So Miss Peters is set to succeed Miss Midler as Mrs. Levi. It seems a fully respectable, but somehow deflatingly predictable, sort of choice.
Beyond that, I've had to add it to the list - alluded to, in a way, in the last post - of things that seem to be drawing me into the past. Because it was the first time I ever really paid attention to her, Bernadette Peters is strongly associated in what passes for my mind with her appearance in the master's Sunday in the Park with George, a work that seized my imagination back in my college days despite my never having seen it - still haven't, for that matter, except on video.
It's funny to think of, now, in this world of instant technology and infinite omnipresent ways of devouring what we now are led to think of as "content," how voraciously once upon a time we listened, over and over again, to those spinning black vinyl disks. Hours and afternoons would go by, listening and turning, listening and turning, and Sunday was that kind of album for me.
This part of the show - it's not really right to call it, or anything except possibly, possibly the first-act curtain song, a number in the old Broadway sense, as the whole flows together so organically - is especially remembered and in its way especially dear. Being college years, those days were of course fraught with heightened emotion of every kind, and somehow "We Do Not Belong" became a kind of leitmotif for one especially fraught relationship in particular. Not my first crush, or even my first love, but very much and for a very long time The Big One.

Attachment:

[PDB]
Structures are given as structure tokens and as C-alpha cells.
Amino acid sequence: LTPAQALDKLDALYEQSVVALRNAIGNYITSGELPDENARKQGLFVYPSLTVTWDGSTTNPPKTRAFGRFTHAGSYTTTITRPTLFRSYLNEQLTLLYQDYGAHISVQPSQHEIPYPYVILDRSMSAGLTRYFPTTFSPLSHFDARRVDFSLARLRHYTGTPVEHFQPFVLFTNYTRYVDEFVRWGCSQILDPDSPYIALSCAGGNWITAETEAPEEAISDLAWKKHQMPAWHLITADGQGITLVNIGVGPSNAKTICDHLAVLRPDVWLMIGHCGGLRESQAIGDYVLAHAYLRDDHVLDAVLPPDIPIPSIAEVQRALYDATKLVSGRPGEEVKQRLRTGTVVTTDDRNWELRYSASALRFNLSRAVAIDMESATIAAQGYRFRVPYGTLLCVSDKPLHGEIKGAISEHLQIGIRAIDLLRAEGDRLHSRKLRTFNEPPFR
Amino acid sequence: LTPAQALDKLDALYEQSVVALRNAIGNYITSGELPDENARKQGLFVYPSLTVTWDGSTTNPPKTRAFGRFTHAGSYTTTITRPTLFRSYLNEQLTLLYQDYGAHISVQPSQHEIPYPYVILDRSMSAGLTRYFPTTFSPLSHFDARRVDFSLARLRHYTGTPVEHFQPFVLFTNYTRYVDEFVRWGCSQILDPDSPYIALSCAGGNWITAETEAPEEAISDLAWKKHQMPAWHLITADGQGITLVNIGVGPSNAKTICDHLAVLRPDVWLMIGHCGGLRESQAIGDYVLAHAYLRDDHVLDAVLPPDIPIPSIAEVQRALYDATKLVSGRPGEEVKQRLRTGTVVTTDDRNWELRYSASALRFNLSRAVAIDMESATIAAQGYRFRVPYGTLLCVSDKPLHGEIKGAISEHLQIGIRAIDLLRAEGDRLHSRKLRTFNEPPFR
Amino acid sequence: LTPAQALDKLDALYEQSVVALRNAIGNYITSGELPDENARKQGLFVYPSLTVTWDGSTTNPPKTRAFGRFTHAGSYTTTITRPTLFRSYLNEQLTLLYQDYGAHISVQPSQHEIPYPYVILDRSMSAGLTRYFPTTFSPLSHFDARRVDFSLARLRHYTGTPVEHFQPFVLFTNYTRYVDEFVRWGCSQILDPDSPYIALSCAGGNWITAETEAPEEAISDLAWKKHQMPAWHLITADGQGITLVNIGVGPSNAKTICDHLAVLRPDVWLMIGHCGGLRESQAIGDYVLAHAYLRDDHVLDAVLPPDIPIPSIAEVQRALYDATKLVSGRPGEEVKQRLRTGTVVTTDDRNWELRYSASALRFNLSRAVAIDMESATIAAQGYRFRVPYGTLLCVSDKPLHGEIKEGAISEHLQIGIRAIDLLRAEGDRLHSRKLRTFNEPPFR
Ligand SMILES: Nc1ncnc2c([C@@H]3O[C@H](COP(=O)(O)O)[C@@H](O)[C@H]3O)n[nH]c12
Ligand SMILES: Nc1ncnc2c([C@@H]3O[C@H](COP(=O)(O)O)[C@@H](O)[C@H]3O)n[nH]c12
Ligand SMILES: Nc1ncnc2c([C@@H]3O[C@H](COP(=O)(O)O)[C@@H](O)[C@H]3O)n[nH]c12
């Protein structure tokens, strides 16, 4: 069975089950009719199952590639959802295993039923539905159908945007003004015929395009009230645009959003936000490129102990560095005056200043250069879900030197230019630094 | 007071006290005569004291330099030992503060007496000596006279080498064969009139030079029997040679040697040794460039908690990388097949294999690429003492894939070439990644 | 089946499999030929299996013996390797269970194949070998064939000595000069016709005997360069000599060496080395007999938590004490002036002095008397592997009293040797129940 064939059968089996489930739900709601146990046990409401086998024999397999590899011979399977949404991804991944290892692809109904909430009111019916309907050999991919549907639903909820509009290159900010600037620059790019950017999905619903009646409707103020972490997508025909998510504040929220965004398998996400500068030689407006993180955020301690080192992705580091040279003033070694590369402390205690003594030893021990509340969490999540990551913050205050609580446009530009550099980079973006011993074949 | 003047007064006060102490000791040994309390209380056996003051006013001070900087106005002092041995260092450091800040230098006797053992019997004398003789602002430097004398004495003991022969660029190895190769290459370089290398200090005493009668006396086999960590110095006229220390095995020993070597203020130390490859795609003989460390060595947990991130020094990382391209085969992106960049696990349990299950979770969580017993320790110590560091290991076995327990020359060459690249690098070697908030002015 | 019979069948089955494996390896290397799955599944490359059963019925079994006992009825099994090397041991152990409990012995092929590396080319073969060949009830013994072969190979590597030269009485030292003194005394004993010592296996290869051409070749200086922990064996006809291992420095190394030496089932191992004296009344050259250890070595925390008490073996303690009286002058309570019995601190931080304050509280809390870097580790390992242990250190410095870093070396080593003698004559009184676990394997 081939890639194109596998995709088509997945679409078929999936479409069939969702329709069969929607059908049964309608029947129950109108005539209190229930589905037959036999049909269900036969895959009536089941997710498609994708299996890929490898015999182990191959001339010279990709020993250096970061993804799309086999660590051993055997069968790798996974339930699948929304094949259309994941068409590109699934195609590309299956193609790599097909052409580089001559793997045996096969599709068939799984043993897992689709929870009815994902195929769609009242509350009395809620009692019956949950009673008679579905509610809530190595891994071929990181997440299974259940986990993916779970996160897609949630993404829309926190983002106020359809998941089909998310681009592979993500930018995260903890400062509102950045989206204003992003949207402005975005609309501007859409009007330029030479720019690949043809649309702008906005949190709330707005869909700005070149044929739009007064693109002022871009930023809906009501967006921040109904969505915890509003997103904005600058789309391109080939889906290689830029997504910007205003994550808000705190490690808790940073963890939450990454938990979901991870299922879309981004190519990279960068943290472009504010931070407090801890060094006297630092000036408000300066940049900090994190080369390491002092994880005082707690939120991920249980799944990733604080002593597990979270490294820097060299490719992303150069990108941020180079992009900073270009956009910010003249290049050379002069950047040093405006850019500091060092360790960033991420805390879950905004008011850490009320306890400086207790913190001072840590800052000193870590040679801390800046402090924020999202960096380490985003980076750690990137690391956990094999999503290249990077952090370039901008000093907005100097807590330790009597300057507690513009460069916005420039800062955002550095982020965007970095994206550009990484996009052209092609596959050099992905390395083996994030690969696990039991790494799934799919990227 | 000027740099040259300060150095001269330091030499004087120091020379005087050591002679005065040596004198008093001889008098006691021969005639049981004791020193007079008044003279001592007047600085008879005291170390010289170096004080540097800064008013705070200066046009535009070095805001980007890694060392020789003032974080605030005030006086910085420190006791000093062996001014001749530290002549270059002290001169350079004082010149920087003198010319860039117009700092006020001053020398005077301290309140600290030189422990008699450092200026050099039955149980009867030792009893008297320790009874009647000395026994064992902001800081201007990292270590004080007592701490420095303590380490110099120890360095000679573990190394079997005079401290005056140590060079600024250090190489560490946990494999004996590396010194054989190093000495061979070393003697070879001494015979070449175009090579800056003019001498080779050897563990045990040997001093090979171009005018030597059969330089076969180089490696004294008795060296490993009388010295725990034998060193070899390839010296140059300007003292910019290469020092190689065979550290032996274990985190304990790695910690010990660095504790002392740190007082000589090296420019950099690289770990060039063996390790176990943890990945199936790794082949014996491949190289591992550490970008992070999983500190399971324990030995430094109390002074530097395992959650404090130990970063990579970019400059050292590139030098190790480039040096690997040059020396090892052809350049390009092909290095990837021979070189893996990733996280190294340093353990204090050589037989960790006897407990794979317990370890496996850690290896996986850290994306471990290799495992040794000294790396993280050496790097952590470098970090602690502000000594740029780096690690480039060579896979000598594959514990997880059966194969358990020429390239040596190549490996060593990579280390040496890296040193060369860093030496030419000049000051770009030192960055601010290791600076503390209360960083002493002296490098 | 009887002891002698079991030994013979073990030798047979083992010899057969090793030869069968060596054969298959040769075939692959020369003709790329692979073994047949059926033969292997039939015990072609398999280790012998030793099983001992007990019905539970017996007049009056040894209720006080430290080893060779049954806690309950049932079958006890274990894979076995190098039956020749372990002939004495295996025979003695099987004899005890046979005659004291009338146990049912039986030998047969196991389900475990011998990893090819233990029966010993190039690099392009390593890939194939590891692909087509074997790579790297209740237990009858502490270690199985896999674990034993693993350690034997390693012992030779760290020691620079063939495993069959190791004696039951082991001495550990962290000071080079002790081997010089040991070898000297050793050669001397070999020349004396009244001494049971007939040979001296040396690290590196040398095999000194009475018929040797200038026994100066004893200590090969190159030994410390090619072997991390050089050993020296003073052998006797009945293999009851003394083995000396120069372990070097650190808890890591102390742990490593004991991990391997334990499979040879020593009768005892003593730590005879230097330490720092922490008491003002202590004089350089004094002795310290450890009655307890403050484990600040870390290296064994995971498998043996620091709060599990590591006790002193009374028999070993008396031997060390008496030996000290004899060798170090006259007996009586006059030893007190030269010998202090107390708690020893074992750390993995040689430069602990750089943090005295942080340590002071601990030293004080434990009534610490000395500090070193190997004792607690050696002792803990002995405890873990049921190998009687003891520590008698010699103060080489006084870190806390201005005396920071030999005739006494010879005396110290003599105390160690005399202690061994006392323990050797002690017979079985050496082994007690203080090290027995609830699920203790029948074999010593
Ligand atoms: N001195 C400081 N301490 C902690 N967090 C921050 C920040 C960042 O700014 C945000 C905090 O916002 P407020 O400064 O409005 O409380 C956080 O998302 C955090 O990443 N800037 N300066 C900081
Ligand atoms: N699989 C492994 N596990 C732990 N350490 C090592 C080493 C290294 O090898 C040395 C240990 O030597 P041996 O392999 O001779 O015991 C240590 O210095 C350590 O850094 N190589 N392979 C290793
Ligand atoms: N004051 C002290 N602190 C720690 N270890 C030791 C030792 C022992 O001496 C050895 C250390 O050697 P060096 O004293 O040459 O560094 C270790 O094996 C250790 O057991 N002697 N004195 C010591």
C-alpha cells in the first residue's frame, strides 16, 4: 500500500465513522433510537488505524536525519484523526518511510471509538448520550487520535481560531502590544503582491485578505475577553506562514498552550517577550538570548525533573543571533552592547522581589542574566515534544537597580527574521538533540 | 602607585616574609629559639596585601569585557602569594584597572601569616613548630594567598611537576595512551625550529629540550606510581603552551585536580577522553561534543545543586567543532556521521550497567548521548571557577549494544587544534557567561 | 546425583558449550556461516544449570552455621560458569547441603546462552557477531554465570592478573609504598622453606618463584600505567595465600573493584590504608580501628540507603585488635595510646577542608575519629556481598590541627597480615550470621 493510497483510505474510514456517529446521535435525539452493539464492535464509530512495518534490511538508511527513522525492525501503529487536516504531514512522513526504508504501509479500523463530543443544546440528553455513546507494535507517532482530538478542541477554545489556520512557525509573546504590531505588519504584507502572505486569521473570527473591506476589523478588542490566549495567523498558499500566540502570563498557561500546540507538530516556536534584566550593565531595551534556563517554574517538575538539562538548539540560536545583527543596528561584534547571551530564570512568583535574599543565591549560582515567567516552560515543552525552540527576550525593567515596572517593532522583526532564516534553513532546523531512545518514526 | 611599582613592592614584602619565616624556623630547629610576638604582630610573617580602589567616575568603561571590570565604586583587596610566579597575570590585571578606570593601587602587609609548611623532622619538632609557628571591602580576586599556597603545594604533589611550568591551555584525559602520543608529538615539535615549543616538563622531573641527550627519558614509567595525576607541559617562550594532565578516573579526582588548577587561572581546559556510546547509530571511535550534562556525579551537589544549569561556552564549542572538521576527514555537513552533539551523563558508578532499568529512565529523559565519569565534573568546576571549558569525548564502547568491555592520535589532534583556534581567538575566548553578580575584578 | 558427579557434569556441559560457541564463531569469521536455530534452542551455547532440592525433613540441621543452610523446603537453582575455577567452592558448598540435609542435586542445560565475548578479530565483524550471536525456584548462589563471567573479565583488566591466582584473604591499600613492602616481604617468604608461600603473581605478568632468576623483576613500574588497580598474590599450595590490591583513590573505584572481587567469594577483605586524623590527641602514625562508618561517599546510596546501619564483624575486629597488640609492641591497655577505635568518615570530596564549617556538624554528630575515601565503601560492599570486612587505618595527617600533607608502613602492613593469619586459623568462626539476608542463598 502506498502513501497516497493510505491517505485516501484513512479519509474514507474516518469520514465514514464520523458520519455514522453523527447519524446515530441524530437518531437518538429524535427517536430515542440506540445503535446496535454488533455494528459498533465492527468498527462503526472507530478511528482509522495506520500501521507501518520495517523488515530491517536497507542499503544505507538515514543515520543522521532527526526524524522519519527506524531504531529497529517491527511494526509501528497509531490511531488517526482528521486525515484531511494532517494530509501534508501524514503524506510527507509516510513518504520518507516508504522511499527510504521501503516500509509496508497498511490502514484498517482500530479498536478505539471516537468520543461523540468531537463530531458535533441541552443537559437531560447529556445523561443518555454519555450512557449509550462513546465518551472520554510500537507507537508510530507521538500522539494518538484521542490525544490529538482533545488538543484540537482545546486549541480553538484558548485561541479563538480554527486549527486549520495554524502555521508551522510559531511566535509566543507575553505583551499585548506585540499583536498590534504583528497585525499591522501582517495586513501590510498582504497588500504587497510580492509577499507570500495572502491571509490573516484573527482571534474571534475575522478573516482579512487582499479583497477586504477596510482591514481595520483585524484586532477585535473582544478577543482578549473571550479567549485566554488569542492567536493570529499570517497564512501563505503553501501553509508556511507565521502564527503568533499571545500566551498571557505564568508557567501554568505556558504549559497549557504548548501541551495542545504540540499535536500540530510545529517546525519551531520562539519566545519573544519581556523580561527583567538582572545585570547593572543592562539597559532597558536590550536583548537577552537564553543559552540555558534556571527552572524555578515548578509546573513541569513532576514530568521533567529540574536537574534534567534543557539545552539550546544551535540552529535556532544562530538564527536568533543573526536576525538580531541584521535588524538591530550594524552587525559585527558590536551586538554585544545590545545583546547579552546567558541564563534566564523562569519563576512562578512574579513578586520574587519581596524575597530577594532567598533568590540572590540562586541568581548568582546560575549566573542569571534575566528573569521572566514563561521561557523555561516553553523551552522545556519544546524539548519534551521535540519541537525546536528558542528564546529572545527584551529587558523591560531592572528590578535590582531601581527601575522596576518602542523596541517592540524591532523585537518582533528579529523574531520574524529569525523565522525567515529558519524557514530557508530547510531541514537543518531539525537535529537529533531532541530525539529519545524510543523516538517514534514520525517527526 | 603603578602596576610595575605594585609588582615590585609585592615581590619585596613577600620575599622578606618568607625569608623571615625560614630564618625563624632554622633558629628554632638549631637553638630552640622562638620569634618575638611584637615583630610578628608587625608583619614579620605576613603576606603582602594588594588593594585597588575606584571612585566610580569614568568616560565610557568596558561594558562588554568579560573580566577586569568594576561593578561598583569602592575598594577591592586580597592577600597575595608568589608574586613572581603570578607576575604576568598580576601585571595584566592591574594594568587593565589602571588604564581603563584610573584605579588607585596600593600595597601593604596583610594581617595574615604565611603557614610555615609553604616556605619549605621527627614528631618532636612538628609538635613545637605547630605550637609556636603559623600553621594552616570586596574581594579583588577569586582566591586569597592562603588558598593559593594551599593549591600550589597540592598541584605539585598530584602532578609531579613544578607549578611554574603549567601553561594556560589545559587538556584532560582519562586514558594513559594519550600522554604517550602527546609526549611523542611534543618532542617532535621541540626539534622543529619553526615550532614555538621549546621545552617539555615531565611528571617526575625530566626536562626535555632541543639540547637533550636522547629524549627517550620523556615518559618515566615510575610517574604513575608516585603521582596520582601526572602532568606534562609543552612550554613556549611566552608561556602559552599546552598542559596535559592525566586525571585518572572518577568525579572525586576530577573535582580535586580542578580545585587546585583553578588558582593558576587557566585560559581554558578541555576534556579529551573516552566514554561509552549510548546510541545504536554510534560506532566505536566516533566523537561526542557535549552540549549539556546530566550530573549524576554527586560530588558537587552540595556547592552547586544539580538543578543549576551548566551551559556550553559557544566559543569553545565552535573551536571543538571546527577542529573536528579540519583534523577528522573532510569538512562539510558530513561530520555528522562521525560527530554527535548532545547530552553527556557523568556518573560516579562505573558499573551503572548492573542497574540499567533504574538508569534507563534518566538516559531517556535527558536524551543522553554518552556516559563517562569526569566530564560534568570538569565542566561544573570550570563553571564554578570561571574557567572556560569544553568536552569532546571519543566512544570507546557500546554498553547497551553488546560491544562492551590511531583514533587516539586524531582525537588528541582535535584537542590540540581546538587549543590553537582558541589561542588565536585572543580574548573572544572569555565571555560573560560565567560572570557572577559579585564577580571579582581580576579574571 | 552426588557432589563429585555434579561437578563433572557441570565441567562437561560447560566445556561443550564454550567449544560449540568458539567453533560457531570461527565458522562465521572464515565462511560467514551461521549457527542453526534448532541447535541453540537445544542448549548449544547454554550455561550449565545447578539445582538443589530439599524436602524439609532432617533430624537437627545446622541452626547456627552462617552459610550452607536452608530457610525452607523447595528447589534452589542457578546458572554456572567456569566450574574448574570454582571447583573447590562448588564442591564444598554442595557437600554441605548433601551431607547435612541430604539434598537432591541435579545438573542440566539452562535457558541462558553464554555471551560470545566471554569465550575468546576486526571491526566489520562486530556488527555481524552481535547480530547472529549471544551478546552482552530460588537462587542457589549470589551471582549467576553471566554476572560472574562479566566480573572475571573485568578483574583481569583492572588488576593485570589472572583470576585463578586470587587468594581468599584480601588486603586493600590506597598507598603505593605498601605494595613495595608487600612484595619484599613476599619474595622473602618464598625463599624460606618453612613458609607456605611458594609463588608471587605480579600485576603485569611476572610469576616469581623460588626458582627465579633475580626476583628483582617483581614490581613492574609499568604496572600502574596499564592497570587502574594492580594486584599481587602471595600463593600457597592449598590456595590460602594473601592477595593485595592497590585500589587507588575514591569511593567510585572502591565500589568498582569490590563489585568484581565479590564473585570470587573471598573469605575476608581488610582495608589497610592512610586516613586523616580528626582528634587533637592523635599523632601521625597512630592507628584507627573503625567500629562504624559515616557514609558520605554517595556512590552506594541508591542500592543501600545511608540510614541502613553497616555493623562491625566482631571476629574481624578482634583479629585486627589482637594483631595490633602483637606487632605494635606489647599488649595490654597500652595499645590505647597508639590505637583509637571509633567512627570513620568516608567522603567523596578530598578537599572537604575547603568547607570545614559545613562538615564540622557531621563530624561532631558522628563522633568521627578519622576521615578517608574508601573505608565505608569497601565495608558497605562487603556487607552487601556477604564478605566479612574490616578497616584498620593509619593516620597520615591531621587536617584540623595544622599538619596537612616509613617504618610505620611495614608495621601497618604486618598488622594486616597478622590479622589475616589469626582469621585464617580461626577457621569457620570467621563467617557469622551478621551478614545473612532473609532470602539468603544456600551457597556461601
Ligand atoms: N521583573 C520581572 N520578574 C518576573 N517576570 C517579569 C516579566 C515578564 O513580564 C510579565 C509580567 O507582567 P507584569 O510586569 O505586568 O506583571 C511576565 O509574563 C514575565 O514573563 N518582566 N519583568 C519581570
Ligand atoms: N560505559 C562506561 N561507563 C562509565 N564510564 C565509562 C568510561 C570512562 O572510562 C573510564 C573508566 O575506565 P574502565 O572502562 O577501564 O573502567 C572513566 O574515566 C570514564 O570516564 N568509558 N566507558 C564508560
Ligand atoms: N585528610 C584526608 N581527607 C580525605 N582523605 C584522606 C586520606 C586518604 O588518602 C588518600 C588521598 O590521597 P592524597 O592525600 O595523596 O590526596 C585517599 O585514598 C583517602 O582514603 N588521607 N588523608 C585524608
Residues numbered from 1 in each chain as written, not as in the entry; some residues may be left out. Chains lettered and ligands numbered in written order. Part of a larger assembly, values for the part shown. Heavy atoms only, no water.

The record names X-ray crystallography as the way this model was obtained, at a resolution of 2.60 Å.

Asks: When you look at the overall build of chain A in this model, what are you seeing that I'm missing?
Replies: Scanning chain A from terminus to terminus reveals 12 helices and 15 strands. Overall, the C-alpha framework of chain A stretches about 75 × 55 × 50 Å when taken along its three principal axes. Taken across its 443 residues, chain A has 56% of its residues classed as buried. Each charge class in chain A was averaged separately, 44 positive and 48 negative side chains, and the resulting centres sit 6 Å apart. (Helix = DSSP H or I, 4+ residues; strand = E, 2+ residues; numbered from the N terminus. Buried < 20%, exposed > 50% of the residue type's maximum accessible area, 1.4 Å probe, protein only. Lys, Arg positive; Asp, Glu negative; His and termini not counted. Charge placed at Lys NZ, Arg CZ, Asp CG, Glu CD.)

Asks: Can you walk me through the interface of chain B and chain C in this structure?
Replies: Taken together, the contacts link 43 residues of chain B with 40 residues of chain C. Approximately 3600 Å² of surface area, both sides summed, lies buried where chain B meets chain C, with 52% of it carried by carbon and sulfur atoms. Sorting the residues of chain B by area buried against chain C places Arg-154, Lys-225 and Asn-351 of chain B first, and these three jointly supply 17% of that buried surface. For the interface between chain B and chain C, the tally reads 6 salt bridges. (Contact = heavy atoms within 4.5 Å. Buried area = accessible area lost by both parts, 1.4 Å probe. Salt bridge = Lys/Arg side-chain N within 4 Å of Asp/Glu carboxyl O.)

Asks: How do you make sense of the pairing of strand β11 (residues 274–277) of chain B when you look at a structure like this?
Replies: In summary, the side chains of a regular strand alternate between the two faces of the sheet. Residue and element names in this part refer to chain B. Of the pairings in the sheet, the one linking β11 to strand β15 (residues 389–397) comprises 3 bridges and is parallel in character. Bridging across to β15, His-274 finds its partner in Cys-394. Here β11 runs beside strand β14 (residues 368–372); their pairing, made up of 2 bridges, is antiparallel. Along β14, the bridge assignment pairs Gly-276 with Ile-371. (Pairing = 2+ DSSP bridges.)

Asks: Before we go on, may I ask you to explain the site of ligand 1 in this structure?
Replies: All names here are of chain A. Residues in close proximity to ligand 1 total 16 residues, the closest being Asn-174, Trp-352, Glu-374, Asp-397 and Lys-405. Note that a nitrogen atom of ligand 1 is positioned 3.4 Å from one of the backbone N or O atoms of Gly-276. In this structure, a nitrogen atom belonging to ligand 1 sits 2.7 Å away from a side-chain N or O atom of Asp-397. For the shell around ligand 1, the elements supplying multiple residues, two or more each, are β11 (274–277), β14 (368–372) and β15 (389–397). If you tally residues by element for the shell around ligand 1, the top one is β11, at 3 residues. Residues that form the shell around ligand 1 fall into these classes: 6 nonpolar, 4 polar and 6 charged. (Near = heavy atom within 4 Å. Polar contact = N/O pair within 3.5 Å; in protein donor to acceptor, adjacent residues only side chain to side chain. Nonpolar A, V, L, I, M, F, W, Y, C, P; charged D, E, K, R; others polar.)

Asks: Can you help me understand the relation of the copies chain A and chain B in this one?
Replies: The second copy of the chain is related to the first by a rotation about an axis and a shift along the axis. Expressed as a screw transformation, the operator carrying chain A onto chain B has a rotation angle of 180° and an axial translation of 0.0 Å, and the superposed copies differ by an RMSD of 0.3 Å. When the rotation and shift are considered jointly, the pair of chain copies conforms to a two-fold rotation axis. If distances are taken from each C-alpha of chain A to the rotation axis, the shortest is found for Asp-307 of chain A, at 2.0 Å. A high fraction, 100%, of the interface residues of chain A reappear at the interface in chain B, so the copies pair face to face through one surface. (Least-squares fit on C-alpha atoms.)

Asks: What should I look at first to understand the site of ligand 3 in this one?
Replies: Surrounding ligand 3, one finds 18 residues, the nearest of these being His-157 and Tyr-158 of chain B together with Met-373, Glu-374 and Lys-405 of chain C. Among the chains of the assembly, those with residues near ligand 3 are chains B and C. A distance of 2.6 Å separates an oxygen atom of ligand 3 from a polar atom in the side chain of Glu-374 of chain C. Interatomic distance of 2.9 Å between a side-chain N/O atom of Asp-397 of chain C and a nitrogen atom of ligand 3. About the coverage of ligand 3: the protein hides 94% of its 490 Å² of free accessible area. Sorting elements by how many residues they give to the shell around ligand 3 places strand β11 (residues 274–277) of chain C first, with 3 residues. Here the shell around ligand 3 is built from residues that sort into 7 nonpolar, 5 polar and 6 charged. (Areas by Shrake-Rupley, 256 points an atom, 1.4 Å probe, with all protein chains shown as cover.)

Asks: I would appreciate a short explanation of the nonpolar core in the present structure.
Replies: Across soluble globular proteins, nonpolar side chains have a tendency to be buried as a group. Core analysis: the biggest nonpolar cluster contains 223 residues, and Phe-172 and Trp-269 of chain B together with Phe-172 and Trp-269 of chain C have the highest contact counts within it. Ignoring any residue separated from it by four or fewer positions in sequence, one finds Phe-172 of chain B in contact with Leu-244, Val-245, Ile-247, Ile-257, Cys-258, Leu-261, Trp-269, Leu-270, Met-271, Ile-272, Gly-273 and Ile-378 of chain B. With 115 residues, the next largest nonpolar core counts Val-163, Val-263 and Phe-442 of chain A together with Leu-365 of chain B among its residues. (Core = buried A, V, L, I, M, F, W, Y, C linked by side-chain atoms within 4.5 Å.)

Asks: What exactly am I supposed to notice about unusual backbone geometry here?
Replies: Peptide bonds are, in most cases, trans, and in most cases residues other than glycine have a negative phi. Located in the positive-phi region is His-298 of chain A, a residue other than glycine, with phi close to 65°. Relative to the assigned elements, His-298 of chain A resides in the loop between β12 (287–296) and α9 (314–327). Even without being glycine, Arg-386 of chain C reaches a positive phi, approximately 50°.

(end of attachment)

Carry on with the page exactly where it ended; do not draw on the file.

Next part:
His name (well, his name for the purposes of writing this - changed, as they say, to protect the ostensibly innocent) was Michael (one way or another, it's always Michael, isn't it?). We were college chums, he a transfer student my sophomore year. Something unspecified hadn't quite gone right in his first go at university, so he'd taken some time and now was coming back. He was - as The Big One so often is - tall, dark, and undeniably handsome; a younger Jeremy Irons, perhaps, with a touch more Caravaggio in his Italian eyes, dapper with his black moustache, his long black bangs forever being swept aside. He had the kind of arms that look particularly good in rolled-up sleeves. He was intense and brilliant and moody (aren't The Big Ones always that way?) and we had a kind of coup de foudre that wasn't precisely romantic (we never really were, in any sustained way, intimate in that sense), but earthquaking in a way that, as I think about it thirty or so years later, I don't know that I've ever again experienced. We talked for days, we went to movies and argued about them; we drank prodigiously and danced in the way one can only when it's 1983 and your favorite club, Key West, is playing its trademark 25-minute remix of "Jump," which always ended with cannons just below the ceiling firing feathers and glitter.